Something I've struggled with the last two years is the notion that if I preferred happy hour, second helpings of homemade mac n' cheese and Law and Order reruns to the self-flagellation of running or riding in the fifth level of hell known as "the Pacific Northwest in December," I wasn't a "real" triathlete. Guilt is truly a pain in the ass.
For 2007 I am going to make two triathlon-related resolutions. First-embrace the off-season. This year I let myself to get (relatively) out of shape in the fall because I was burnt out and hurting after a nine-month season, but still felt guilty every time I chose to relax, shop or socialize instead of working out. And instead of doing the yoga, long walks and balance training I promised myself I would do, I kept slogging through runs that weren't fun and walking out of spin classes irritated and unmotivated. I fell into the trap many athletes fall into: we believe that if we take a break, not only will we lose the fitness we worked so hard to gain, but we'll also lose the motivation to start up again in the spring.
That being said, every year I'm wrong about these losses. Now that my body and mind have rested for a few months, I can't wait for longer, warmer days (notice I don't say "drier"-Oregonians know better than to leave their rain coats home until June) and the camaraderie of weekend long rides. Granted, it will take me a few weeks of hard work to regain the mindset that a ten mile run is "no big deal" and to develop the fitness to back it up, but I know that I will get there in time for Pacific Crest.
Second resolution-embrace myself as a "perfect athlete." Triathlon is a sport that can give people great confidence, but it can also wreck havoc with a person's self esteem. I like to joke that three things are standing between me and my career as a professional triathlete: being employed, dating a brewer and genetics. The third factor is the trickiest one.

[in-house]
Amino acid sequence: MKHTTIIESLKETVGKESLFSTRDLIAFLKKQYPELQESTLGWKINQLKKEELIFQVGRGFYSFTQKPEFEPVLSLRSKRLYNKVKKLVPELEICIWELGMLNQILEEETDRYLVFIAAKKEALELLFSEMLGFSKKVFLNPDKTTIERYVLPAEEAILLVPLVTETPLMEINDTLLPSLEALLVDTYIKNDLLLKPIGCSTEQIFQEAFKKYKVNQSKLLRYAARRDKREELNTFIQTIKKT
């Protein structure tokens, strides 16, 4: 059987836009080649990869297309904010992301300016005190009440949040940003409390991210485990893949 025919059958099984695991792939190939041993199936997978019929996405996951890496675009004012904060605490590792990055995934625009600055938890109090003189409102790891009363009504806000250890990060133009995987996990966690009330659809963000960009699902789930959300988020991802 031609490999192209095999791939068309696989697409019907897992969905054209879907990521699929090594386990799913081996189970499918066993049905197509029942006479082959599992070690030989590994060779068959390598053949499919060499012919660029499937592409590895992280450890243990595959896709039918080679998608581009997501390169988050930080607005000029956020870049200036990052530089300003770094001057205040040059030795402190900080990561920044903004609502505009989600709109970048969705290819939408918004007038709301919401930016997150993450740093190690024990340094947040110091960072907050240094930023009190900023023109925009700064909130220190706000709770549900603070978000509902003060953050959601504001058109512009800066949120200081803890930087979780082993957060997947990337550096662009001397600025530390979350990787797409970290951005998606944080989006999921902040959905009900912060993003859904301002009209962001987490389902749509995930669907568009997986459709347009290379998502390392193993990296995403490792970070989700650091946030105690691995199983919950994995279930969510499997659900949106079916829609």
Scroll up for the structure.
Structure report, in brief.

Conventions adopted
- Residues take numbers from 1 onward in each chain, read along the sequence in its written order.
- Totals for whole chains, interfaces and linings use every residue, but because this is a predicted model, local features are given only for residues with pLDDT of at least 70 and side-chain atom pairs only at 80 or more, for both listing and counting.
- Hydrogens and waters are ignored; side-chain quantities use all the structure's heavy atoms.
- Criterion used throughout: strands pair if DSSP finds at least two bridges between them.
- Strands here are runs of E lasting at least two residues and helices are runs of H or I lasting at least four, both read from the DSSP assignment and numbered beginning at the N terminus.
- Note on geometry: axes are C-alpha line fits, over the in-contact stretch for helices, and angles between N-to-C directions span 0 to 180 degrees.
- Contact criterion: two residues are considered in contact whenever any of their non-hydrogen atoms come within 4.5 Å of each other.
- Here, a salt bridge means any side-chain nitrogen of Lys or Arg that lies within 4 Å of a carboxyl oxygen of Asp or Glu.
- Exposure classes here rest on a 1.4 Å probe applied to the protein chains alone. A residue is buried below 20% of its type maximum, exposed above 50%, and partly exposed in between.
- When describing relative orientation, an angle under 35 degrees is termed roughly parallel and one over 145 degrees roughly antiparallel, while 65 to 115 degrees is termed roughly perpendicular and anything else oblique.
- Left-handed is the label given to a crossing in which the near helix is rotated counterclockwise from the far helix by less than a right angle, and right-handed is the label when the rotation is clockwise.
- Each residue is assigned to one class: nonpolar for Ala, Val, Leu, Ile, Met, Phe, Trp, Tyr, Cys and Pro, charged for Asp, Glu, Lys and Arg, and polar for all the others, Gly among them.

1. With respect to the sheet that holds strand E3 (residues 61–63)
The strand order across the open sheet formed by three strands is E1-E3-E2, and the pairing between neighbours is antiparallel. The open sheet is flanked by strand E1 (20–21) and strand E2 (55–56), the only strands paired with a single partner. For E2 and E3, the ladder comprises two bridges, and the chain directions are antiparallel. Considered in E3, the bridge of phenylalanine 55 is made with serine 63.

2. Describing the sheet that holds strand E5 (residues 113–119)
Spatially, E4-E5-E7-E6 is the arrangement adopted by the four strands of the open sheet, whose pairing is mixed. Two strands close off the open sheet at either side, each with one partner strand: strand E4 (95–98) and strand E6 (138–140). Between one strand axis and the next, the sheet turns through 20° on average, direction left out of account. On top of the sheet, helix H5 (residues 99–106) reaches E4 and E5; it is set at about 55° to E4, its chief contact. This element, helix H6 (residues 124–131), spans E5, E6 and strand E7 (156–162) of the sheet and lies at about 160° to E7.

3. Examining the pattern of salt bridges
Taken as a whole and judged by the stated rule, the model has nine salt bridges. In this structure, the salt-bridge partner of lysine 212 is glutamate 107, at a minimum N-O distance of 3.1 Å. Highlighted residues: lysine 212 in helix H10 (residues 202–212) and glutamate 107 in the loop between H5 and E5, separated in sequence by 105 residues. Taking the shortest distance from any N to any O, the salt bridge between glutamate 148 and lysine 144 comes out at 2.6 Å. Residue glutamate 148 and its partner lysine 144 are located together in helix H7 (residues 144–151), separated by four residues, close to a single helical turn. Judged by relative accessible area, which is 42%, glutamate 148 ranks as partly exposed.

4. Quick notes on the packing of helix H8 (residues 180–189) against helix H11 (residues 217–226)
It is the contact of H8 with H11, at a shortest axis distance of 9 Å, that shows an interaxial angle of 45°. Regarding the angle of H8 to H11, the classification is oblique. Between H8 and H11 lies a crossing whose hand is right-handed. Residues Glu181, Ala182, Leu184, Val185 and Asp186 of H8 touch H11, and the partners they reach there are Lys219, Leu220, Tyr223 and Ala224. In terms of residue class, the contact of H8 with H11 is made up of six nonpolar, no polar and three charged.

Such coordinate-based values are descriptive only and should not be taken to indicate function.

You know in magazines where some socialite writes into the fitness columnist all worked up about building up bulky muscle from spin class and the columnist responds that cycling just tones legs and the socialite will look great in her Roberto Cavalli holiday dress. That columnist is a LIAR. That columnist has obviously not had sufficient exposure to those of us with the "backyard" gene. This is the gene that creates a very interesting phenomenon: the faster and longer I am able ride, the less likely it is that my damn pants will fit around my ass by the end of the season. I've seriously thought about getting coaching credentials so I can write my pants off as a business expense.
I can joke about this now because the same legs that have a summer and winter wardrobe frequently redeem themselves by working over skinny chicks at races, both on and off the bike. But what isn't funny is how often my notion about "athletic" bodies frequently finds me judging race success by how many skinny chicks I beat off the bike instead of through my own goals for pace and nutrition. This, obviously, is not a good strategy for developing a long-term love of the sport.
I am going to talk about mental training and positive self-talk to the TNT participants next spring. I don't know whether feel like a bit of a hypocrite or an actual expert on the topic.
That's all for now-I still have to write another email to Santa begging for a metallic hot pink time trial helmet.